Short On Cash? How Buy Now, Pay Later Services Are Changing How Consumers Think About Travel

Before the pandemic, Buy Now, Pay Later was quietly testing the waters of travel. Now it’s taking over. Will the industry ever be the same

[Source Images: Getty]


Picture it—you on the perfect beach, soaking up the sun, far from home, and without a care in the world. Maybe you’re staying in a stylish Airbnb just steps away, maybe you even splurged and flew here in business class, and you’ll do the same thing when it’s time to go home. That is if you ever leave, and why would you? After all, you didn’t pay a cent for the trip. Not yet, anyhow.

Frequent online shoppers—which is all of us these days, it seems—will most likely have a passing familiarity with the growing number of ways to pay the tab, or not pay, at least not for the time being; third-party services such as Klarna, Afterpay, Affirm, and Uplift are all battling for the opportunity to float you a small (or sometimes, not so small) personal loan to purchase everything from that back-to-office outfit to the bedroom set of your dreams.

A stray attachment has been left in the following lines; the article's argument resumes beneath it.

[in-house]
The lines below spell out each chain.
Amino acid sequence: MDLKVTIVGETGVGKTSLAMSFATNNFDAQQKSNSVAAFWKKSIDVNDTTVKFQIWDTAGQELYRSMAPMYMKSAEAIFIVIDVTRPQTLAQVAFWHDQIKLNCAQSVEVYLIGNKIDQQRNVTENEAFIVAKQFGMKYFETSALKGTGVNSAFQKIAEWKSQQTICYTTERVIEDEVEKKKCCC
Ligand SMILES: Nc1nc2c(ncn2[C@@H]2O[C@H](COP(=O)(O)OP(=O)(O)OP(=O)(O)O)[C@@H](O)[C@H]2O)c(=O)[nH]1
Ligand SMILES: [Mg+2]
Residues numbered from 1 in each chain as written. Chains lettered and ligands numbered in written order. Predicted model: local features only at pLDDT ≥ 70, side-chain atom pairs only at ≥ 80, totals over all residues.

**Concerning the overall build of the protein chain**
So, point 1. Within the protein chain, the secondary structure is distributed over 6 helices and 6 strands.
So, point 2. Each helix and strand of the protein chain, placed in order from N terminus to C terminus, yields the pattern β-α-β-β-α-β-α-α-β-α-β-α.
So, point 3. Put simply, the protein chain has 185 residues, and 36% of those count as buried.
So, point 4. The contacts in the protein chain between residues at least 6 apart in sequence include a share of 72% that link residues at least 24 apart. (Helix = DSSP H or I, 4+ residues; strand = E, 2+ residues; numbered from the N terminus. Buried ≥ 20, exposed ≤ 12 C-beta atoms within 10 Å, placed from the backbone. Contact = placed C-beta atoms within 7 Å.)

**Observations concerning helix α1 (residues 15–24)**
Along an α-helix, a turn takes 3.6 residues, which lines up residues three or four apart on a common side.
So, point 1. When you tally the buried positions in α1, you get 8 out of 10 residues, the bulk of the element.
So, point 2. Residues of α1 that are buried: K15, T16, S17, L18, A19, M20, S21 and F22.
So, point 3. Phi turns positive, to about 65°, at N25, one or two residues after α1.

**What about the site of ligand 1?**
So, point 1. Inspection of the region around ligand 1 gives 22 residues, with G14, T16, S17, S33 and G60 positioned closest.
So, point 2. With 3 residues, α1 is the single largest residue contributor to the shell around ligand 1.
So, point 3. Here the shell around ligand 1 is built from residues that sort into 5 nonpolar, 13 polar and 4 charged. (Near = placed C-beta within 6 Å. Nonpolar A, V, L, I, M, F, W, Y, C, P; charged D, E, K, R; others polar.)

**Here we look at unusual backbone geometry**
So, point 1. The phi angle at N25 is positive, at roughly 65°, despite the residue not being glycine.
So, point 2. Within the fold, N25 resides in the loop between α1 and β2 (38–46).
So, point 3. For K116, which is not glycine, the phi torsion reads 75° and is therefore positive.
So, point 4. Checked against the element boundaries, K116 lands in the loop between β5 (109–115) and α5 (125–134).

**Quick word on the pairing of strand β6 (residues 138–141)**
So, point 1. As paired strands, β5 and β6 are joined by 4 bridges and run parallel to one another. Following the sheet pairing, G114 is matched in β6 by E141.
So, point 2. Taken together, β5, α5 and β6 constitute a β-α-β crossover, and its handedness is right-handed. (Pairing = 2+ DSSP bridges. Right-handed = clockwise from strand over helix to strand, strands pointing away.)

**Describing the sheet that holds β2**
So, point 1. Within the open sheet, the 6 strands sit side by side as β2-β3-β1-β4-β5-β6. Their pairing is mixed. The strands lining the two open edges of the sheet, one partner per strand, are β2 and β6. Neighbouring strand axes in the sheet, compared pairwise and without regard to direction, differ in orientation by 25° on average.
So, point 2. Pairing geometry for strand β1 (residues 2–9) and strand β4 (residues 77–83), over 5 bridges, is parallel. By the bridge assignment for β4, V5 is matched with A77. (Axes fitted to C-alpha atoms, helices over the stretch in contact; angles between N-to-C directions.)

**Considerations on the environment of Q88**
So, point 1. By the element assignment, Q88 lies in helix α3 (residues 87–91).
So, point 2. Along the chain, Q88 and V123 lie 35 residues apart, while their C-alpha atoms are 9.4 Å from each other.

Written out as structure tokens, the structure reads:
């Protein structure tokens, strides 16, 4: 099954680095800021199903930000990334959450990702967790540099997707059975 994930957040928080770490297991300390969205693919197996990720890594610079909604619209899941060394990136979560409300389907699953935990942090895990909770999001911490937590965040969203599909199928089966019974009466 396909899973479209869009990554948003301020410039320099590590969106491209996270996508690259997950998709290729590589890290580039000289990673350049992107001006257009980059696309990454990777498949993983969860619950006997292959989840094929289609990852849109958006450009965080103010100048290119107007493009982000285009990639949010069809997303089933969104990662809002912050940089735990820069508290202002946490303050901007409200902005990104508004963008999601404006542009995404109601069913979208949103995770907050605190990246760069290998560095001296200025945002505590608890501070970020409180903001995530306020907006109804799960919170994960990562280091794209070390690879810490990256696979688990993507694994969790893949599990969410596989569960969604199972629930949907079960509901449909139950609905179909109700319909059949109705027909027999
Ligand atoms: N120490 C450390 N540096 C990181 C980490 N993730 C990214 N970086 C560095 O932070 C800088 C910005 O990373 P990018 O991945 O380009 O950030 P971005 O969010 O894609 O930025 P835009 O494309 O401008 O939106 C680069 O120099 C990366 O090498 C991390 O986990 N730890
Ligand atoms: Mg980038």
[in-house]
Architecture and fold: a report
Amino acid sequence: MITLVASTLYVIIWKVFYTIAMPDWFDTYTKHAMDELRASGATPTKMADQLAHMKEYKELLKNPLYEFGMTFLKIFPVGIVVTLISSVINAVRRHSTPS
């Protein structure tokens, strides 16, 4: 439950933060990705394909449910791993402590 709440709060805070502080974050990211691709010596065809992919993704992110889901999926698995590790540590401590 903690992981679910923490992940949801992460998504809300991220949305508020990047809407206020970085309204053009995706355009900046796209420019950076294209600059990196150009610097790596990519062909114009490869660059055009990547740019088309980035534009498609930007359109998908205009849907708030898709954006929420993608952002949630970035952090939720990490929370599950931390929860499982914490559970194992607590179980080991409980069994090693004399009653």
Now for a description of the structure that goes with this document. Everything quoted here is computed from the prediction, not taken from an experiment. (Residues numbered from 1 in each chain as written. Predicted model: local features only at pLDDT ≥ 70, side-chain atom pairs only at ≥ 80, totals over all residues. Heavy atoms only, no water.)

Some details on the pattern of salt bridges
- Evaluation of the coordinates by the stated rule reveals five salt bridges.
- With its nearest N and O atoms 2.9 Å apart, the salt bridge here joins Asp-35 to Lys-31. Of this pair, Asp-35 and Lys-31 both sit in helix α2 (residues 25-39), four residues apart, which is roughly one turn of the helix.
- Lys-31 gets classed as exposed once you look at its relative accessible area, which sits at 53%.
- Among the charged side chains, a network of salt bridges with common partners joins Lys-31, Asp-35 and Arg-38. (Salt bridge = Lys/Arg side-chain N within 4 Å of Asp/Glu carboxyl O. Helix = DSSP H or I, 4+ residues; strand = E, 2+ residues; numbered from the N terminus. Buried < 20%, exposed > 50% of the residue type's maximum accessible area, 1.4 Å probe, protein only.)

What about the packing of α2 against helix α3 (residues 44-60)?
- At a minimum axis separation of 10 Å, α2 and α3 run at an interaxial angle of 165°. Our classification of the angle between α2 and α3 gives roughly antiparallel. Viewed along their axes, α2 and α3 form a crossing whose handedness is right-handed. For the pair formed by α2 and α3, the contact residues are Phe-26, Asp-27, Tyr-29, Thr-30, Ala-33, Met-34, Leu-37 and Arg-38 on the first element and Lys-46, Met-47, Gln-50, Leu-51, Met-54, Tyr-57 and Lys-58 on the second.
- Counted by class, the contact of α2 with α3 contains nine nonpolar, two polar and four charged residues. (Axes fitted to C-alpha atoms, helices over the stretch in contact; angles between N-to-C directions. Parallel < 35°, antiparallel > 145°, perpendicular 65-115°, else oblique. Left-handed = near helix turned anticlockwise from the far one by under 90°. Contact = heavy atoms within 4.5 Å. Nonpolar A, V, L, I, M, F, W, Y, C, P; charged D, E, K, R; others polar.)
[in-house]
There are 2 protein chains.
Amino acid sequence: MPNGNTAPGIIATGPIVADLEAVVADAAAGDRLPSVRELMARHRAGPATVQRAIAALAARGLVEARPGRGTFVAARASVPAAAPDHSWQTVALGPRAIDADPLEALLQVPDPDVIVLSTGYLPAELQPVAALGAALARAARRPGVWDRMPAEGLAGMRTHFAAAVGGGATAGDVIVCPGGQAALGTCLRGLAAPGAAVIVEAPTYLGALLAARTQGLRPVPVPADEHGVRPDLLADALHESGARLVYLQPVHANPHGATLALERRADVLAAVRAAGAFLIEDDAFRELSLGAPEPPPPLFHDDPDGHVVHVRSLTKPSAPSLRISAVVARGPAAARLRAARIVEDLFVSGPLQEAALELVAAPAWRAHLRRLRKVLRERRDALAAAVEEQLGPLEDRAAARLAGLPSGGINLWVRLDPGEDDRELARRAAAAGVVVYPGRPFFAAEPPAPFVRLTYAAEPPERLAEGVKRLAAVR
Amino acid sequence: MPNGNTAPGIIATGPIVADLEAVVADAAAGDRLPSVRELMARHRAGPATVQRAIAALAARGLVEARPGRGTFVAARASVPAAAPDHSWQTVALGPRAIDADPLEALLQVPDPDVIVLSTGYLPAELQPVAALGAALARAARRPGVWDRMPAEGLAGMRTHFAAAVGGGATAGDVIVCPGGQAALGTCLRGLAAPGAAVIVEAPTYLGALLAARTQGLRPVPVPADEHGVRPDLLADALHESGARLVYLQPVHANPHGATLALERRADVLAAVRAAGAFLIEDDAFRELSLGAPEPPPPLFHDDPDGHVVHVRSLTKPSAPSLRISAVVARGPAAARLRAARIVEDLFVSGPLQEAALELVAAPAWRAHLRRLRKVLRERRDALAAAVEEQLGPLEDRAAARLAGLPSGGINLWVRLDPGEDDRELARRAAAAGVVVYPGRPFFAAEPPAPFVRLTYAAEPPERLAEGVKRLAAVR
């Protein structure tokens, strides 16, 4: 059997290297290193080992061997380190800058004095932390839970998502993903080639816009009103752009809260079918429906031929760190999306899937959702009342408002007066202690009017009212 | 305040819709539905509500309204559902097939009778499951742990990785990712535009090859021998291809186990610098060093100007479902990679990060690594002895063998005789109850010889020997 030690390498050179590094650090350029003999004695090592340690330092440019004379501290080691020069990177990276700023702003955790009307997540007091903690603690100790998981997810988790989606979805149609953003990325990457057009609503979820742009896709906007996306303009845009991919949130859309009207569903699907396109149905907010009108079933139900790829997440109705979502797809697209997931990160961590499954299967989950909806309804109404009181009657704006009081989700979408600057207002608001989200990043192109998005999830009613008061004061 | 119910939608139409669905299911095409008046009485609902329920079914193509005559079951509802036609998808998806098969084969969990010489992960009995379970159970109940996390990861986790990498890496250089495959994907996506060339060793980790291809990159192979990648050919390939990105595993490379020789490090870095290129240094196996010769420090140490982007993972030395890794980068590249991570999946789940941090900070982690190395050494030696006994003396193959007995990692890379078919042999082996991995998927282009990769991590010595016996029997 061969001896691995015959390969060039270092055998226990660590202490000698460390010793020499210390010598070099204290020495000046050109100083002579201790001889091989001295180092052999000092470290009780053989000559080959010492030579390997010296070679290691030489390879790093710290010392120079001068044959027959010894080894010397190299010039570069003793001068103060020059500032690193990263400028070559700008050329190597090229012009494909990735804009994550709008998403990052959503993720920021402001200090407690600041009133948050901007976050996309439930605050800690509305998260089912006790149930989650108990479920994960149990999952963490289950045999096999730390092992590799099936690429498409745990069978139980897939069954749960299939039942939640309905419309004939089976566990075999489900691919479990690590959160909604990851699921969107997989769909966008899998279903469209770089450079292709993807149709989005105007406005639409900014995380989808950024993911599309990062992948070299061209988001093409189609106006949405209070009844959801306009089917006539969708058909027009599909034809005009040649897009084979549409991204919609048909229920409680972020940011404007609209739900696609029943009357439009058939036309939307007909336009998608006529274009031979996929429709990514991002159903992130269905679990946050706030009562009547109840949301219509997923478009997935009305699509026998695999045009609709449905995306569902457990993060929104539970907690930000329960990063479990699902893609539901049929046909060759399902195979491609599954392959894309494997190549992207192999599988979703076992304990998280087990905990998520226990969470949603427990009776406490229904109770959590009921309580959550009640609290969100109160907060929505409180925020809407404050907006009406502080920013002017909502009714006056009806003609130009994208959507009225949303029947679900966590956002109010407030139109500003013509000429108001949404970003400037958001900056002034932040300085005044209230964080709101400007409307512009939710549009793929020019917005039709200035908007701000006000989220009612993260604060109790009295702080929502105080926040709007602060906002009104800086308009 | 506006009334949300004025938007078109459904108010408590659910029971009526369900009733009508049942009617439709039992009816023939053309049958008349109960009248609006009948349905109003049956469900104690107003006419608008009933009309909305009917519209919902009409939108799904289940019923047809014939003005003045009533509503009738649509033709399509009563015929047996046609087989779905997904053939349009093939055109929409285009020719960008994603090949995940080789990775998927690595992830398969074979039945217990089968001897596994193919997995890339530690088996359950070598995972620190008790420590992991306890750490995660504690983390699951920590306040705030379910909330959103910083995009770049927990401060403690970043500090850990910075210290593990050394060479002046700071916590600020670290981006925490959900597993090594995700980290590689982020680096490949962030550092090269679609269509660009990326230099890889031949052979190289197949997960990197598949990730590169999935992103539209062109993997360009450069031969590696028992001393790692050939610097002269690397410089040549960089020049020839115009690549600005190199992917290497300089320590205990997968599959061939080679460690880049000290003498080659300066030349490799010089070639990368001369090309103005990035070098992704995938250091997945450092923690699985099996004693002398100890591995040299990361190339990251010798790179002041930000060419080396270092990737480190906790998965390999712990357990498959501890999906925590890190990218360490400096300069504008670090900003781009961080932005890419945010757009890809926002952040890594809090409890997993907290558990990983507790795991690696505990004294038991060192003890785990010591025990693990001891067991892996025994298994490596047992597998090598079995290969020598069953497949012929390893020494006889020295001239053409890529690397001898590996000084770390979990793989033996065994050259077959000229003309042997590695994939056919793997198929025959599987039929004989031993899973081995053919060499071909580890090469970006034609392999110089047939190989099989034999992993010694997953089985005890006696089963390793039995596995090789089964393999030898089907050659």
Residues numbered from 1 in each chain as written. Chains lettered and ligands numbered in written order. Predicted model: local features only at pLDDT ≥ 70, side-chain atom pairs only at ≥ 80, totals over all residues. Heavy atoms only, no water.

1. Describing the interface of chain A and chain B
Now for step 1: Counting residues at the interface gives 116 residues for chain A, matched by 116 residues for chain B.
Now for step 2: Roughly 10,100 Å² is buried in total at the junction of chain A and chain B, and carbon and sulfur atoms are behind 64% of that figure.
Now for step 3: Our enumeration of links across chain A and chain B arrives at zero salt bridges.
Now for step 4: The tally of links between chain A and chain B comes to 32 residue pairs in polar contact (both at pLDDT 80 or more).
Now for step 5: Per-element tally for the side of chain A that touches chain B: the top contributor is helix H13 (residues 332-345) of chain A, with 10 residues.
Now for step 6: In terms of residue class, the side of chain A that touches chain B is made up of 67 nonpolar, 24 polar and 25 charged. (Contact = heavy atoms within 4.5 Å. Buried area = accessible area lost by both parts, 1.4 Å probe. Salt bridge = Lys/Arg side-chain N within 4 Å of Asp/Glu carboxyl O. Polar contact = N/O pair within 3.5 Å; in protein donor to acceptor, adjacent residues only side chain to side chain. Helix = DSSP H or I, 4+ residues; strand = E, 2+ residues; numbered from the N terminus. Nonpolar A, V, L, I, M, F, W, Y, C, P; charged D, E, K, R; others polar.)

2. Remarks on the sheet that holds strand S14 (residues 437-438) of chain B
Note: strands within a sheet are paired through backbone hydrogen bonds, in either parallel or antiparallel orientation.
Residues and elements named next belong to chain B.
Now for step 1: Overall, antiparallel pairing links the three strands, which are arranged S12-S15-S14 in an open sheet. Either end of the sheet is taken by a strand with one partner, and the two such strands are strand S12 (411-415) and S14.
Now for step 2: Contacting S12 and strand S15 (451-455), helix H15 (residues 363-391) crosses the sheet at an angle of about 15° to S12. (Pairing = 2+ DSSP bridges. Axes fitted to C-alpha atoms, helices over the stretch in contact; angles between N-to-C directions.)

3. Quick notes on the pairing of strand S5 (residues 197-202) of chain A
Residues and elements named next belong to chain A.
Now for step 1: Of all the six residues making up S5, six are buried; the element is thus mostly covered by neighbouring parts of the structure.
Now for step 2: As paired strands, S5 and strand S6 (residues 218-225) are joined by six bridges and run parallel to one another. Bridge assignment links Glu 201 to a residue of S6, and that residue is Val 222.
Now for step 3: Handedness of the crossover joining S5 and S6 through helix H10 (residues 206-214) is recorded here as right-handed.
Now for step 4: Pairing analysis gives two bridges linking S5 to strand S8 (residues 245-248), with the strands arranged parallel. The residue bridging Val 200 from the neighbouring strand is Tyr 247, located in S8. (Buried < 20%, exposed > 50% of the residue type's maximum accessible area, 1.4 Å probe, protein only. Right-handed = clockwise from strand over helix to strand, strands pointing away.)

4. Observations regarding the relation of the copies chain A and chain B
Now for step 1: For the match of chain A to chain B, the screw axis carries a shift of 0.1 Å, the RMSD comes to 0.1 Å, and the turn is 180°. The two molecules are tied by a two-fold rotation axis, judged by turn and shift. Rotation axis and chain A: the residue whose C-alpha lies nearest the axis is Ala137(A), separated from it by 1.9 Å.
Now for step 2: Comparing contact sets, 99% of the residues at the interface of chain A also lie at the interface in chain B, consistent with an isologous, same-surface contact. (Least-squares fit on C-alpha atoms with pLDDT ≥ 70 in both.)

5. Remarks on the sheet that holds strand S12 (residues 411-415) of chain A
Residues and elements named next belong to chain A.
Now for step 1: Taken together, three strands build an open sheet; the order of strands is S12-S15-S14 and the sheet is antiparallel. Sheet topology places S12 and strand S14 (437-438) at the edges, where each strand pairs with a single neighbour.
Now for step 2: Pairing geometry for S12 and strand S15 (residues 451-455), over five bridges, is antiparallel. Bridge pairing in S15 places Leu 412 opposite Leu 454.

After years of kicking the tires, and fresh on the heels of the largest sustained setback the travel industry has ever faced, Buy Now, Pay Later as it’s commonly known, wants to change the way you book your next trip. Suddenly, it seems as if every major provider, particularly third-party booking engines like Priceline and Expedia, is happy to give travelers the option to pay in sometimes minuscule installments. Some—PayPal Credit, for example, now an option for any Airbnb bookings—give you a generous promotional financing period that could end up allowing you to take your entire trip without opening your wallet even once, all without paying a cent’s worth of interest.

Booking travel has never been easier, or more flexible—no need to even check your balances before planning and executing your trip, no need to worry about cash flow, or spending your last cent before next payday on a taxi to the airport.

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